Sciatica from sacroiliac joint injury or degeneration is one of the less common sources of lower body nerve pain and actually qualifies to be called pseudo-sciatica when it does occur. SI joint sciatica is diagnosed far more often than it truly presents itself. More likely is the possibility that the pain is completely unrelated to the normal degeneration in the joints and is merely being blamed on the SI joint due to the lack of a better scapegoat condition. It is a shame, but a fact, that most SI joint pain is completely misdiagnosed.
article will detail how structural issues in the sacroiliac joint can
cause nerve pain. However, we will also look at the often illogical
diagnoses made implicating the sacroiliac in many symptomatic
The SI joints are some of the strongest and best designed in the human anatomy. They must hold up the entire weight of the upper body and distribute incredible force throughout the pelvis.
Degeneration occurs in these joints, just like it does in all the joints of the body. Typically, the cartilage wears away, ligaments become too tight or too loose and some structural changes occur. However, these bodily alterations are normal and expected to endure as we age. They are not normally the source of any significant pain or other problematic symptoms.
However, when there is no structural condition available in the spine to explain chronic sciatica, or treatment for a previously misdiagnosed spinal causation has failed time and time again, sacroiliac joint pain is often diagnosed.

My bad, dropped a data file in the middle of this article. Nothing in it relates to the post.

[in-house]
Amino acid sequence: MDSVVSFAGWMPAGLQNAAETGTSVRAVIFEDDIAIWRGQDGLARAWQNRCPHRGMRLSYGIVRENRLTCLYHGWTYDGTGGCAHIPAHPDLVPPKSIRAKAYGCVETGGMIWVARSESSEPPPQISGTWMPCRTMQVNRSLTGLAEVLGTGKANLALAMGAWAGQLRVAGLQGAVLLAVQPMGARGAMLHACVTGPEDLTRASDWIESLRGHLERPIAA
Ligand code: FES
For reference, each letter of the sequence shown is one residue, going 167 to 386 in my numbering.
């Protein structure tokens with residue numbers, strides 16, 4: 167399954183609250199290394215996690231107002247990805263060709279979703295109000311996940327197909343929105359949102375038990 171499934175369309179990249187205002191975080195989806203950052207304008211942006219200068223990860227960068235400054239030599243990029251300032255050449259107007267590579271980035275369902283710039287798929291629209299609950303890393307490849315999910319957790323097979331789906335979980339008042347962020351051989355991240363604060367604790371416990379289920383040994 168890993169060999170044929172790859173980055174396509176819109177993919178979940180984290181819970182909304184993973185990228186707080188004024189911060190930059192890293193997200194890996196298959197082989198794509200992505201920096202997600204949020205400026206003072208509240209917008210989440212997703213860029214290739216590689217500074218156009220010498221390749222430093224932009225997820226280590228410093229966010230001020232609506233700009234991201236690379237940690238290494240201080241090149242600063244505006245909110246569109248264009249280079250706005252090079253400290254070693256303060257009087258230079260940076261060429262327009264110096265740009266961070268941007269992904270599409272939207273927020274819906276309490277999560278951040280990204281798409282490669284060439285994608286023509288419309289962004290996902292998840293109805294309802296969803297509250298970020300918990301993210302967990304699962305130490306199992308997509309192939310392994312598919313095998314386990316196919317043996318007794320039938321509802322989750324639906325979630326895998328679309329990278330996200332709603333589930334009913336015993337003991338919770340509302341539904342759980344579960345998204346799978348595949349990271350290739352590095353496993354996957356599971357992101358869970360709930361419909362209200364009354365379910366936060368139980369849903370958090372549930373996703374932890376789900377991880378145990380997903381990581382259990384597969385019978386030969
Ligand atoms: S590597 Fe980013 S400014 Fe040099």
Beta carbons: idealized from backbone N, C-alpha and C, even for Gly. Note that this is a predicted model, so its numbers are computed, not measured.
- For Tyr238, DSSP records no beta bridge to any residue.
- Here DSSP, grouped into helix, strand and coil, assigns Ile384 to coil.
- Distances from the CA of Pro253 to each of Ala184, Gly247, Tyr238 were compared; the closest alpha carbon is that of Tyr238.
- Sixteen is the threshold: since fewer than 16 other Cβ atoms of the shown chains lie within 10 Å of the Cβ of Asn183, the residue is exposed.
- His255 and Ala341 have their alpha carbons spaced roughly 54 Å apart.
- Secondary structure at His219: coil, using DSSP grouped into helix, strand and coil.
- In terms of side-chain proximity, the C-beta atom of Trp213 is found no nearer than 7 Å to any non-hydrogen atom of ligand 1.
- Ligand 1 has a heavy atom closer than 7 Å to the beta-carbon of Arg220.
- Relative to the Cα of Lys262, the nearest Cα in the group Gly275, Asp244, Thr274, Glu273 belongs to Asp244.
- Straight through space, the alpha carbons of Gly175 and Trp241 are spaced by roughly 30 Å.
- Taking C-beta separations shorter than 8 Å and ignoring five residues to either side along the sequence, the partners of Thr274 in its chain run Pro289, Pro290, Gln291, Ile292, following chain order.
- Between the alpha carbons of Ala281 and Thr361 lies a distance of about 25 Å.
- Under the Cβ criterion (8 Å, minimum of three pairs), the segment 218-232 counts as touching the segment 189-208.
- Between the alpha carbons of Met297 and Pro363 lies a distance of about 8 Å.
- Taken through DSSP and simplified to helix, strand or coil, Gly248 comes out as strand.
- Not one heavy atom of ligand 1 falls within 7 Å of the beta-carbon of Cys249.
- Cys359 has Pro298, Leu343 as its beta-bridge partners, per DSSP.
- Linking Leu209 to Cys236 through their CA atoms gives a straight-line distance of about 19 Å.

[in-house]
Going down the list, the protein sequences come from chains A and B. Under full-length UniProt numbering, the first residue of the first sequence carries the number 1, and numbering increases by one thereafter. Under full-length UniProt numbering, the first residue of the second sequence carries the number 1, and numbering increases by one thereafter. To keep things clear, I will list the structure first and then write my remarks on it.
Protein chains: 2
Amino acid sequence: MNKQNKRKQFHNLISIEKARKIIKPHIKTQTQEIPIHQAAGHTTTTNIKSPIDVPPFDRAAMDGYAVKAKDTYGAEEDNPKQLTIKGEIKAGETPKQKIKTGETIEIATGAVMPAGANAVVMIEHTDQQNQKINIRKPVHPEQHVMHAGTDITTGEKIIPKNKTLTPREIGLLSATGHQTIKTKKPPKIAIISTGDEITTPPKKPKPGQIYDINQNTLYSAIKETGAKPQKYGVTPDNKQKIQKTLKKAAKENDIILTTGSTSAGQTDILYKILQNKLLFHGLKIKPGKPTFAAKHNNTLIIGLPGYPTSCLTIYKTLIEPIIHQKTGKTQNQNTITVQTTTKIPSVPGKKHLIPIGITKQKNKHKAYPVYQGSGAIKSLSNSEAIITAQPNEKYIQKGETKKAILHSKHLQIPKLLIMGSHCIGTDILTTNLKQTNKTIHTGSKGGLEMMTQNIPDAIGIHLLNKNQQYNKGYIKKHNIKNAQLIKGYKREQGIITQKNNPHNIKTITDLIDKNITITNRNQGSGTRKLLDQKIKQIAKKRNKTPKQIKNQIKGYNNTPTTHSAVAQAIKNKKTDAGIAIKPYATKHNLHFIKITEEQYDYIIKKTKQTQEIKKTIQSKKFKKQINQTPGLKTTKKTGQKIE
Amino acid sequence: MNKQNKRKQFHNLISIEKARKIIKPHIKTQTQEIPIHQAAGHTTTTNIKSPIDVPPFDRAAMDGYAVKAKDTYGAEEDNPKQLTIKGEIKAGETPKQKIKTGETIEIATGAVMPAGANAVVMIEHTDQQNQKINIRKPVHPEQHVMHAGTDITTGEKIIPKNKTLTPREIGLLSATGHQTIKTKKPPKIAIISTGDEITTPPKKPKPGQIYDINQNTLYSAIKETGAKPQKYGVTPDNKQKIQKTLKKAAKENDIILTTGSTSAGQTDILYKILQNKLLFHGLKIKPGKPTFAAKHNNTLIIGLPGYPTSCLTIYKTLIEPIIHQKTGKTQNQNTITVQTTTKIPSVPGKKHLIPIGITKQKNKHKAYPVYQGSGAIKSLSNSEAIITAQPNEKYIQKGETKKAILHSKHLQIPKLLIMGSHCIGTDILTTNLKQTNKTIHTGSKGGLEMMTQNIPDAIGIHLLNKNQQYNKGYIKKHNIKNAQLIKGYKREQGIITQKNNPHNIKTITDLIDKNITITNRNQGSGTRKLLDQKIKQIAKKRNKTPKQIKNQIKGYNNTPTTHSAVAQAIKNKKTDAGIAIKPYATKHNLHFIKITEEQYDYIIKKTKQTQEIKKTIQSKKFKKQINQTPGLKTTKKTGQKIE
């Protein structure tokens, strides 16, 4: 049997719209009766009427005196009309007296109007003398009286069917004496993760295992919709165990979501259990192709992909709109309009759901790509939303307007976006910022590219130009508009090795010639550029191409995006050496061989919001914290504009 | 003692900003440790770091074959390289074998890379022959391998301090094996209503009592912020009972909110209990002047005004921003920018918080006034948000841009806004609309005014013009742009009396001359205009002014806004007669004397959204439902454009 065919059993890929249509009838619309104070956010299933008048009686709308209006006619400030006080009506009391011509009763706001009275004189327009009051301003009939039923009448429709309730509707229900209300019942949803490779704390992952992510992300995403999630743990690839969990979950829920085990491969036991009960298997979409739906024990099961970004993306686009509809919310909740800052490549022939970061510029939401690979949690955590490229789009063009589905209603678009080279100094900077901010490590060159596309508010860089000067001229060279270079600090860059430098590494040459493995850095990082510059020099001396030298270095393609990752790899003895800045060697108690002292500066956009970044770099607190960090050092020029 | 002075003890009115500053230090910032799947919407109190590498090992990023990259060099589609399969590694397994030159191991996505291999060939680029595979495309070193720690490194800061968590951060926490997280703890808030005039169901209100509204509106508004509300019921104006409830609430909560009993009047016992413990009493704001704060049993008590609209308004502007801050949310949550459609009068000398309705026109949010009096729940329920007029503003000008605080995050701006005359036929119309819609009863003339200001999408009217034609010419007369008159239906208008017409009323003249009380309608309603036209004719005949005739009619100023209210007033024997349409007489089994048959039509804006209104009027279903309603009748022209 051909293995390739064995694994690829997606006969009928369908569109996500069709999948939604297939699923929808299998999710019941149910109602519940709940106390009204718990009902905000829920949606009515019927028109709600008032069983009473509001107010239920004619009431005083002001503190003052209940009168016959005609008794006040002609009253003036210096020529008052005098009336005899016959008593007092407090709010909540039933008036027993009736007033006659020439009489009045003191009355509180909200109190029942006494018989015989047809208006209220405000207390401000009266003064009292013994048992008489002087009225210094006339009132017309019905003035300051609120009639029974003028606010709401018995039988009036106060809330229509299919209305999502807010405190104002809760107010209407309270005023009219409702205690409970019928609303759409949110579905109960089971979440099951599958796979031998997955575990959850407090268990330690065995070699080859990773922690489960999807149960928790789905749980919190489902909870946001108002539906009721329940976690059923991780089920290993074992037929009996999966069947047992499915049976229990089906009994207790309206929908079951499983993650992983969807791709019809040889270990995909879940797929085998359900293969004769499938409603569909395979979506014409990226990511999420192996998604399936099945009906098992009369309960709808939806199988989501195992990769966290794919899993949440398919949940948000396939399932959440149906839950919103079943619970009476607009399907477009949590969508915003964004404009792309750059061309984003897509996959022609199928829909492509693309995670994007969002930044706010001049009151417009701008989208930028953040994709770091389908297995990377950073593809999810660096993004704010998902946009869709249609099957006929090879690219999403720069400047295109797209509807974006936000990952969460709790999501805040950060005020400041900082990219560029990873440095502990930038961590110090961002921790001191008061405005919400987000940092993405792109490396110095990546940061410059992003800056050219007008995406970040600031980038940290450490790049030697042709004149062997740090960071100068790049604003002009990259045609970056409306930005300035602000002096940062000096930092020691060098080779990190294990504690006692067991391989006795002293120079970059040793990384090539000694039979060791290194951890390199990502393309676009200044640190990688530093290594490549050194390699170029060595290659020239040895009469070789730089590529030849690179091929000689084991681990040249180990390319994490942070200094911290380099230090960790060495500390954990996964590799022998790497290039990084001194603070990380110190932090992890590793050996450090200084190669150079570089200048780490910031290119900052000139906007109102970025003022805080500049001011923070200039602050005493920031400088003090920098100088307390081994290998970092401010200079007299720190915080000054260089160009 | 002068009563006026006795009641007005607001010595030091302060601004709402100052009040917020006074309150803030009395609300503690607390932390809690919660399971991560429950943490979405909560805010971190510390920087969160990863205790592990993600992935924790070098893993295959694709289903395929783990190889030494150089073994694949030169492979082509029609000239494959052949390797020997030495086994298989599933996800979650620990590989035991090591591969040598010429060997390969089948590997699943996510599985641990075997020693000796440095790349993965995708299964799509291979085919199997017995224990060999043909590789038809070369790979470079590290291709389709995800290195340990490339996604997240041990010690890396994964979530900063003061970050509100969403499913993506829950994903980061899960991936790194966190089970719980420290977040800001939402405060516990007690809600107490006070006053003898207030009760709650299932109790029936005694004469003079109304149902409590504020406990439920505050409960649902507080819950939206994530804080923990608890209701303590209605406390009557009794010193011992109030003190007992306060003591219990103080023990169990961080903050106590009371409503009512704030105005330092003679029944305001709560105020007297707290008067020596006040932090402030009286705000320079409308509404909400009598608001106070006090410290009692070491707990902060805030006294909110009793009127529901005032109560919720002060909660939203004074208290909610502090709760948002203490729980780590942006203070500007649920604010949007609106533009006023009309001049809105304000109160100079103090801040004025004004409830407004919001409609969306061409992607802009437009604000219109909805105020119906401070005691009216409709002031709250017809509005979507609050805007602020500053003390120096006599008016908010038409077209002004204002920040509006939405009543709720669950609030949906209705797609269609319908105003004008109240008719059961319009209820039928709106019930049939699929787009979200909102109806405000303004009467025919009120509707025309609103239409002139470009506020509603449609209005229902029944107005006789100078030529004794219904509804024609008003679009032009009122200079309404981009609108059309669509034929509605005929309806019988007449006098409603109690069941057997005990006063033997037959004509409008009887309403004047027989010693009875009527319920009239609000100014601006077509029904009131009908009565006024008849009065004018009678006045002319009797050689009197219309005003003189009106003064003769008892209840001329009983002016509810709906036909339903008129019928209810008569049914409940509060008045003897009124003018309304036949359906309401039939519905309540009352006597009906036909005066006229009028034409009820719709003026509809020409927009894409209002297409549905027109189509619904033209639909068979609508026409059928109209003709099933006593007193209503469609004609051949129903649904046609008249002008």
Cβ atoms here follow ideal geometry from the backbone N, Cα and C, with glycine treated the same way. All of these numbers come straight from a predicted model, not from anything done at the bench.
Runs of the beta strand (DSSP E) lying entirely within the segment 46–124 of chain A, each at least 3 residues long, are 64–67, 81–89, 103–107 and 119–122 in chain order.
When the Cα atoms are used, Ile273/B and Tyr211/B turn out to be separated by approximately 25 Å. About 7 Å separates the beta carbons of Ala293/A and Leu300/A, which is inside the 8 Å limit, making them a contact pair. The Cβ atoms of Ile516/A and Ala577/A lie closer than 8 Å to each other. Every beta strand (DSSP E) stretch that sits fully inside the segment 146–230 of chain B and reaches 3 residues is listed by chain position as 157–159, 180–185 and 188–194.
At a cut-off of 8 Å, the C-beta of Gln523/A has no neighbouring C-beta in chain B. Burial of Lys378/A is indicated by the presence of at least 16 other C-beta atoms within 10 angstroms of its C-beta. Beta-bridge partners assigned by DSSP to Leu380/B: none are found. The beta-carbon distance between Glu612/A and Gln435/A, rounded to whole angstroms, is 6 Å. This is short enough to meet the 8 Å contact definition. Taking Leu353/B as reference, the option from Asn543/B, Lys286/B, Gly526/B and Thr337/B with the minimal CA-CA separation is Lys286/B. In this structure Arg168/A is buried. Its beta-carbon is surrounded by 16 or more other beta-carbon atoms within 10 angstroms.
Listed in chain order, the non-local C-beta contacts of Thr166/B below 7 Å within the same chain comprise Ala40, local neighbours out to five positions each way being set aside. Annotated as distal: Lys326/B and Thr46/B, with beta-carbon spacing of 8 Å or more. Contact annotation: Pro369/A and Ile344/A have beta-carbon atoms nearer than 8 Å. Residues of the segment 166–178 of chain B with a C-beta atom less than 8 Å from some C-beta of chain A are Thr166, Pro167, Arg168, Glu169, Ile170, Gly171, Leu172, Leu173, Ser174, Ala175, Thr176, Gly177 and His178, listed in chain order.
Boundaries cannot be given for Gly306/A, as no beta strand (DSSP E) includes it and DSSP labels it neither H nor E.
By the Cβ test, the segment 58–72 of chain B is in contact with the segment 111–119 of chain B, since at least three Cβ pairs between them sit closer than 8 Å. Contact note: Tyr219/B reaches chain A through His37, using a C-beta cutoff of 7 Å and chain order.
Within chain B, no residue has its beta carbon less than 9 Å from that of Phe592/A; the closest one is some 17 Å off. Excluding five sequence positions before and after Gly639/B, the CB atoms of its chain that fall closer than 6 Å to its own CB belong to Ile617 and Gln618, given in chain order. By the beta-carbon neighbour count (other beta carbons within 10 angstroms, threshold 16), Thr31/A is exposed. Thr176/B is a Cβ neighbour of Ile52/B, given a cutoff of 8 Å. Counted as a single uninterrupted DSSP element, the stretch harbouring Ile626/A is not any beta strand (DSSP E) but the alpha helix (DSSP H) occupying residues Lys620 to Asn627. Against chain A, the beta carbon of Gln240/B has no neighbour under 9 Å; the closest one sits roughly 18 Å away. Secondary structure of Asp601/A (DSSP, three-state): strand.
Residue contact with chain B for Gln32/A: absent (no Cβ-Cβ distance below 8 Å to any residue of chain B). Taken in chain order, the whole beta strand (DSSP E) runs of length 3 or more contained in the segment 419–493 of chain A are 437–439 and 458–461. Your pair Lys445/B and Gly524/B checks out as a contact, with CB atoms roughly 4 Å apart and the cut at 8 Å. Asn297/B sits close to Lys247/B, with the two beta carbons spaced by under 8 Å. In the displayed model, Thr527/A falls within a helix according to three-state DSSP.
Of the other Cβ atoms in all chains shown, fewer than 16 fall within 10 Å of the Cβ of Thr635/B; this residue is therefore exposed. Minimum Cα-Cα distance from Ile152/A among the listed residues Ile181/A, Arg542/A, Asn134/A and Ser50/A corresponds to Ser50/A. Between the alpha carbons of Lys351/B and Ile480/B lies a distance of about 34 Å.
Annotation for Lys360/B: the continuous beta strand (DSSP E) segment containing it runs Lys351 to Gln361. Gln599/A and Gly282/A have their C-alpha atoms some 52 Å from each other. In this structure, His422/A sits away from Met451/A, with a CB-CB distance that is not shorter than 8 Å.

The structural changes in the SI joint can be verified by medical imaging, but in the vast majority of cases, no link between these changes and any pathological process are ever established. Too bad this goes unnoticed by most diagnosed patients. Even when rare instances of symptomatic conditions do exist in the SI joint, pain is usually localized and does not follow the usual patterns of radiating sciatica symptoms.
Treatment strategies for SI joint pain mimic care practices for most other lower back pain syndromes. They are mostly symptomatic in nature and often revolve around exercise, physical therapy and chiropractic manipulation.
Of course, the pharmaceutical route is always thrown into the mix, since sciatica drugs are such a popular modality with patients and doctors alike.
Surgery is rarely performed, but will be considered in cases of severe sciatica relating to SI joint concerns. When surgery is performed, results are very unpredictable, offering additional clues to the possible misdiagnosis suffered by many patients.
Like many other dorsopathy conditions, doctors generally throw several often illogical therapies at the pain, hoping something, anything, will work.
I have seen a few patients with verified pain due to sacroiliac injury or extreme SI joint degeneration. These poor souls really had a tough time functioning, since the SI joint is so important to our basic physical abilities. However, virtually all of these patients responded well to appropriate treatment and recovered.
SI joint diagnoses come in 2 main varieties, those which feature joint related bone changes and those which feature soft tissue related joint changes. Sacroiliitis is the usual diagnostic term for bone related changes and these theories generally feature better treatment results than the diagnosis of SI joint dysfunction. This latter conclusion implies that the ligaments in the joint are too tight or too loose, but usually has little supporting evidence.
For patients with unresponsive SI joint pain, I typically advise reconsidering the diagnosis, especially if no definitive pathological component has been ascertained during multiple diagnostic evaluations.